Our suffering for Christ has its meaning not in our feeling about the suffering, but the fact of the suffering of Christ on the cross. It is our glory and joy. This can only be confessed in faith and by faith, to see beyond the pain and in the pain we are undergoing likeness to Christ. We too suffer for the sake the joy that is entailed in the suffering itself, just as did our Lord and Savior. This is what it means to bear the cross. We don't need to delay gratification where we have the grace to experience joy in our suffering. That is a gratifying gift of grace.

 

John Chrysostom

 

"'We rejoice in our sufferings, knowing that suffering produces endurance' (Rm 5:3). Consider how great the things to come are, when we can rejoice over things that seem to be troubling. So great is God's gift, that nothing is detestable in them! For in the case of mere external goods, the struggle for them brings trouble, pain, and burdens along with it. The goods themselves are the crowns and rewards that carry the pleasure with them. But in the case which Paul gives, it is not so. For the struggles themselves have for us no less delight than the rewards. For since there were many temptations in those days, and the kingdom existed in hopes, the terrors were at hand, but the good things only in expectation. This unnerved the weaker person, even before the crowns he gives them the prize now, by saying that we should 'rejoice in our sufferings.' And what he says is not 'you should rejoice,' but 'we rejoice,' giving them encouragement in his own person.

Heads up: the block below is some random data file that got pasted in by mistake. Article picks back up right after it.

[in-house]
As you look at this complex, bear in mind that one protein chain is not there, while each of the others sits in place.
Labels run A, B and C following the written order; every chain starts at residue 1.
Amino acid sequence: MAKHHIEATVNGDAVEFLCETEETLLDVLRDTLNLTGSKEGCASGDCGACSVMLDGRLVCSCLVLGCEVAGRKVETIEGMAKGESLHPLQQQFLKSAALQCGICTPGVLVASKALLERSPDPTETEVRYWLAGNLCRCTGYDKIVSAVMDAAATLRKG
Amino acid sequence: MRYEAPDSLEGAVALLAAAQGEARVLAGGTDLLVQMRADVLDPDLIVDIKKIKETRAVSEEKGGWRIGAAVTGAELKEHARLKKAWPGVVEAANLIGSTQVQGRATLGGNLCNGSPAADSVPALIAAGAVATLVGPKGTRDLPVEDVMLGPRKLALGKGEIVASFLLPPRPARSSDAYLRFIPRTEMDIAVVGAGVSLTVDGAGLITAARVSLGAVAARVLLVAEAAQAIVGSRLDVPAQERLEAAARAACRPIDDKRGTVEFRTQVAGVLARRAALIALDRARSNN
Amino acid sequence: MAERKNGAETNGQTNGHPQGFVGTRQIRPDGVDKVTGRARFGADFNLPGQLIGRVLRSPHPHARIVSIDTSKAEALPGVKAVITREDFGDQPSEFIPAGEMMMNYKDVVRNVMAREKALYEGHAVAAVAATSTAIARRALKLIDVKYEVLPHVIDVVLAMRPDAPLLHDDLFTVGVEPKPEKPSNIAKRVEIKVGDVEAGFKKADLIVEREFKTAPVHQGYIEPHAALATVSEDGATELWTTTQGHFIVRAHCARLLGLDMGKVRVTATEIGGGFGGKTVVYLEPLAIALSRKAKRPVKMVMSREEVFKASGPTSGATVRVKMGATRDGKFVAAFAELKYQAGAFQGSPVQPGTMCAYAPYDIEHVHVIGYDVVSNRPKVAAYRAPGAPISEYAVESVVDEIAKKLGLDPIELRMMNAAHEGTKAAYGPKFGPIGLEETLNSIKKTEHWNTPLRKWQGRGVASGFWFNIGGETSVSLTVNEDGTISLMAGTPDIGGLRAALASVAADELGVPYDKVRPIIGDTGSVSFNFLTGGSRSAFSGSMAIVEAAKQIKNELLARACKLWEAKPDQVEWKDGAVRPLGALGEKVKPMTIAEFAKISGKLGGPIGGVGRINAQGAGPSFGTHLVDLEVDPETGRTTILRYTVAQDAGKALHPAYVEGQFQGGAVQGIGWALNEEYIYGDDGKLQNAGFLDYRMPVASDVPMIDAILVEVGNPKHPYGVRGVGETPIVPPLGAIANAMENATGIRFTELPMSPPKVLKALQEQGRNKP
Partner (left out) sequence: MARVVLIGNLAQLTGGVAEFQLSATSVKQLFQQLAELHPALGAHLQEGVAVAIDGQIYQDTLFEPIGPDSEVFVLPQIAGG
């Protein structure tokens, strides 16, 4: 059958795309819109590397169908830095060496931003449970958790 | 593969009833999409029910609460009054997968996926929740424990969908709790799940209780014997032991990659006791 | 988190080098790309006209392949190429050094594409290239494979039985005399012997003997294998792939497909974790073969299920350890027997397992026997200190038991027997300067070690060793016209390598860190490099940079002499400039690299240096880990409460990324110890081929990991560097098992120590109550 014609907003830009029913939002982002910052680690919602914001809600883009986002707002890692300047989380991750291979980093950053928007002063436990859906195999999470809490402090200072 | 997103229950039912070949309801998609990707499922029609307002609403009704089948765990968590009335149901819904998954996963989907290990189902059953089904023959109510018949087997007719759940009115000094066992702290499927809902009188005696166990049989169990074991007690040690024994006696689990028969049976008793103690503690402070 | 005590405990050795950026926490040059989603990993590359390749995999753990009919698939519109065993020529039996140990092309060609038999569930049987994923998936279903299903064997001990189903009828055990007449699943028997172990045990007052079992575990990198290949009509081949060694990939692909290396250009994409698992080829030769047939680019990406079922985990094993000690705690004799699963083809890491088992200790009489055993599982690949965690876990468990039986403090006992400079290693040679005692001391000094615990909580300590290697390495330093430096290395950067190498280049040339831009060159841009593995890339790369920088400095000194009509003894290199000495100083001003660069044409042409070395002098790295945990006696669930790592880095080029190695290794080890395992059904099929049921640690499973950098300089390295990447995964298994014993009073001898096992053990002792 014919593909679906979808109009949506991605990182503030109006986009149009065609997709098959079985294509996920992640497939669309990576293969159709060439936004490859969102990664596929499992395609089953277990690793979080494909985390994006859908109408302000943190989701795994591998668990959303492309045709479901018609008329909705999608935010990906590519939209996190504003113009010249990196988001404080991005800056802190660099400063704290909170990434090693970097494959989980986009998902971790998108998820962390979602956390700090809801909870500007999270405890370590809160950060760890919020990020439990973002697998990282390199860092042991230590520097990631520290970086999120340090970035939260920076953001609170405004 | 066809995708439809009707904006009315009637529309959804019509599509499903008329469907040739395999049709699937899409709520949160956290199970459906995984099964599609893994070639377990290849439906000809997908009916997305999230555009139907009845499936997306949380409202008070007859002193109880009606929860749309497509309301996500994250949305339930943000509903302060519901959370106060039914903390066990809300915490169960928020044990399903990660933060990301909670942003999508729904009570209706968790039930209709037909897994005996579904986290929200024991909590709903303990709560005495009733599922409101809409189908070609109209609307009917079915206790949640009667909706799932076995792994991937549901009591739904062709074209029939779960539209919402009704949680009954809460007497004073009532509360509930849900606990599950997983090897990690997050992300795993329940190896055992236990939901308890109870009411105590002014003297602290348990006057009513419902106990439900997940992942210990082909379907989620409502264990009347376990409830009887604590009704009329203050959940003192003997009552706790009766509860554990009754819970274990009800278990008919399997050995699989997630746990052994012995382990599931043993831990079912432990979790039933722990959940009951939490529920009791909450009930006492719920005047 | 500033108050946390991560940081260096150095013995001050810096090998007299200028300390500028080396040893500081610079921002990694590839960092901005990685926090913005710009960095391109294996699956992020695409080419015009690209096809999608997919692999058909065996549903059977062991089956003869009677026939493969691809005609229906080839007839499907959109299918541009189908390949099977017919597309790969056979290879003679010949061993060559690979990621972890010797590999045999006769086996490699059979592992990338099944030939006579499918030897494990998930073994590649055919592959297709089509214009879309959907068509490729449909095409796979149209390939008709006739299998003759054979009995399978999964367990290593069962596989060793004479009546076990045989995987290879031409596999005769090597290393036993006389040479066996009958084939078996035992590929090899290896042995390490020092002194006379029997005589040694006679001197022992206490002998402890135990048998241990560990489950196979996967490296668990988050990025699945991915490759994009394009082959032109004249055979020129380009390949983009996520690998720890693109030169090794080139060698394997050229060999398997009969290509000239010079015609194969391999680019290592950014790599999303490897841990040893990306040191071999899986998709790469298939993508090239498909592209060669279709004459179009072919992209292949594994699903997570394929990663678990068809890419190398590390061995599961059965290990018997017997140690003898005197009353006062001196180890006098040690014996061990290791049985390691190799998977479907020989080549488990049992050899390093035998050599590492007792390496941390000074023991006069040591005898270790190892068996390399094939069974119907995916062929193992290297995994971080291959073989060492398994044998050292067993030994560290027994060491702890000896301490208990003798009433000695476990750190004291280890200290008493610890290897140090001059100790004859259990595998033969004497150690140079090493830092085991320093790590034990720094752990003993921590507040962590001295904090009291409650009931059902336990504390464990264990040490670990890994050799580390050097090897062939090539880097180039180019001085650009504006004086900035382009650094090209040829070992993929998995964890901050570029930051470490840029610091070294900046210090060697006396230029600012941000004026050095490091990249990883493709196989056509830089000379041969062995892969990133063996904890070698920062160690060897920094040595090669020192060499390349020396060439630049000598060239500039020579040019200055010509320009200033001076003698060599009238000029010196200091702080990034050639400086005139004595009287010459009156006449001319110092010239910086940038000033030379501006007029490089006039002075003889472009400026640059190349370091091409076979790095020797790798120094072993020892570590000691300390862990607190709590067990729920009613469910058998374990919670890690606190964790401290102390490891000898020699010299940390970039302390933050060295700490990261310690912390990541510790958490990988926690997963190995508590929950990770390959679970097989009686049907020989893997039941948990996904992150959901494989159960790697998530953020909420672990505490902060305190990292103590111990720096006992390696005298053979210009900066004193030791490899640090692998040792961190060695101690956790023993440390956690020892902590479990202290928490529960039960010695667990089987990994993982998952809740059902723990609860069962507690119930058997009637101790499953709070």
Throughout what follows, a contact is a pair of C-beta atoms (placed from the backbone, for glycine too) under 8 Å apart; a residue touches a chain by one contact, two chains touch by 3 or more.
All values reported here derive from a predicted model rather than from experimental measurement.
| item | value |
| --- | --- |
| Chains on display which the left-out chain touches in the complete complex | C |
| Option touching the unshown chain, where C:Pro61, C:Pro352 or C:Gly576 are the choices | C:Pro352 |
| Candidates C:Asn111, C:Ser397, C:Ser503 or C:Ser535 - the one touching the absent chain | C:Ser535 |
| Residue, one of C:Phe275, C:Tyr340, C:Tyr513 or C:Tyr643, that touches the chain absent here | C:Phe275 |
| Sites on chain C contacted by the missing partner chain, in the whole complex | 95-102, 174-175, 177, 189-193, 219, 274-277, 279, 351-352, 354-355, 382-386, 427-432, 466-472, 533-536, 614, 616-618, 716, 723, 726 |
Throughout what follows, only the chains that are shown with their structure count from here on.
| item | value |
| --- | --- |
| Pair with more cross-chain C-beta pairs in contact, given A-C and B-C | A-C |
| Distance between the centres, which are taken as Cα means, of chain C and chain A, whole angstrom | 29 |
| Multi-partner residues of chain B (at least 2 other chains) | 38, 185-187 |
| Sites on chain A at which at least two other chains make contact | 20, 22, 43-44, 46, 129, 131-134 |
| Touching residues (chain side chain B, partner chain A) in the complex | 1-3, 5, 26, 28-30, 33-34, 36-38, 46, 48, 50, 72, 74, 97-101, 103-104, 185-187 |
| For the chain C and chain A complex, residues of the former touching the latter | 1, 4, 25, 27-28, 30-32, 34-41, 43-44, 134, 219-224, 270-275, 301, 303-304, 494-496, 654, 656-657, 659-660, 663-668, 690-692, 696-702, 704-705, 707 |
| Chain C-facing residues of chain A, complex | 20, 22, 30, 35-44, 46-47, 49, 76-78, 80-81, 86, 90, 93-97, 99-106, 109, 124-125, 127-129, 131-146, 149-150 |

"Since what he had said had an appearance of being strange and paradoxical, if a person who is struggling in famine, and is in chains and torments, insulted, and abused, ought to glory, he goes on to confirm it. What is more, he says that they are worth being rejoiced in, not only for the sake of those things to come, but for the things themselves. For tribulations are in themselves good things. How? It is because they anoint us for patient waiting. Therefore after saying we rejoice in our sufferings, he has added the reason, in these words, 'knowing that suffering produces endurance.' Notice how Paul gives their argument an opposite twist. Since it was tribulations above all that made them give up the hope in things to come, which made them despondent, he says that these are the very reasons for confidence, and for not being despondent about the things to come, because 'suffering produces endurance.'"

 

John Chrysostom, Homilies on Romans, 9
 
Prayer

Lord Jesus Christ, You have had joy in the cross. Give us the grace to find our gratification in suffering our own crosses. Amen.

 

For those who are receiving their assignment to parishes in the LCMS, that the Lord would be with them as they take up their calls in the Lord's vineyard

 

For the peace of the world, that terrorism would not disturb us

 

For police and other public safety officials, that they would be kept safe and given wisdom to carry out their duties

Art: GRÜNEWALD, Matthias Resurrection (1515)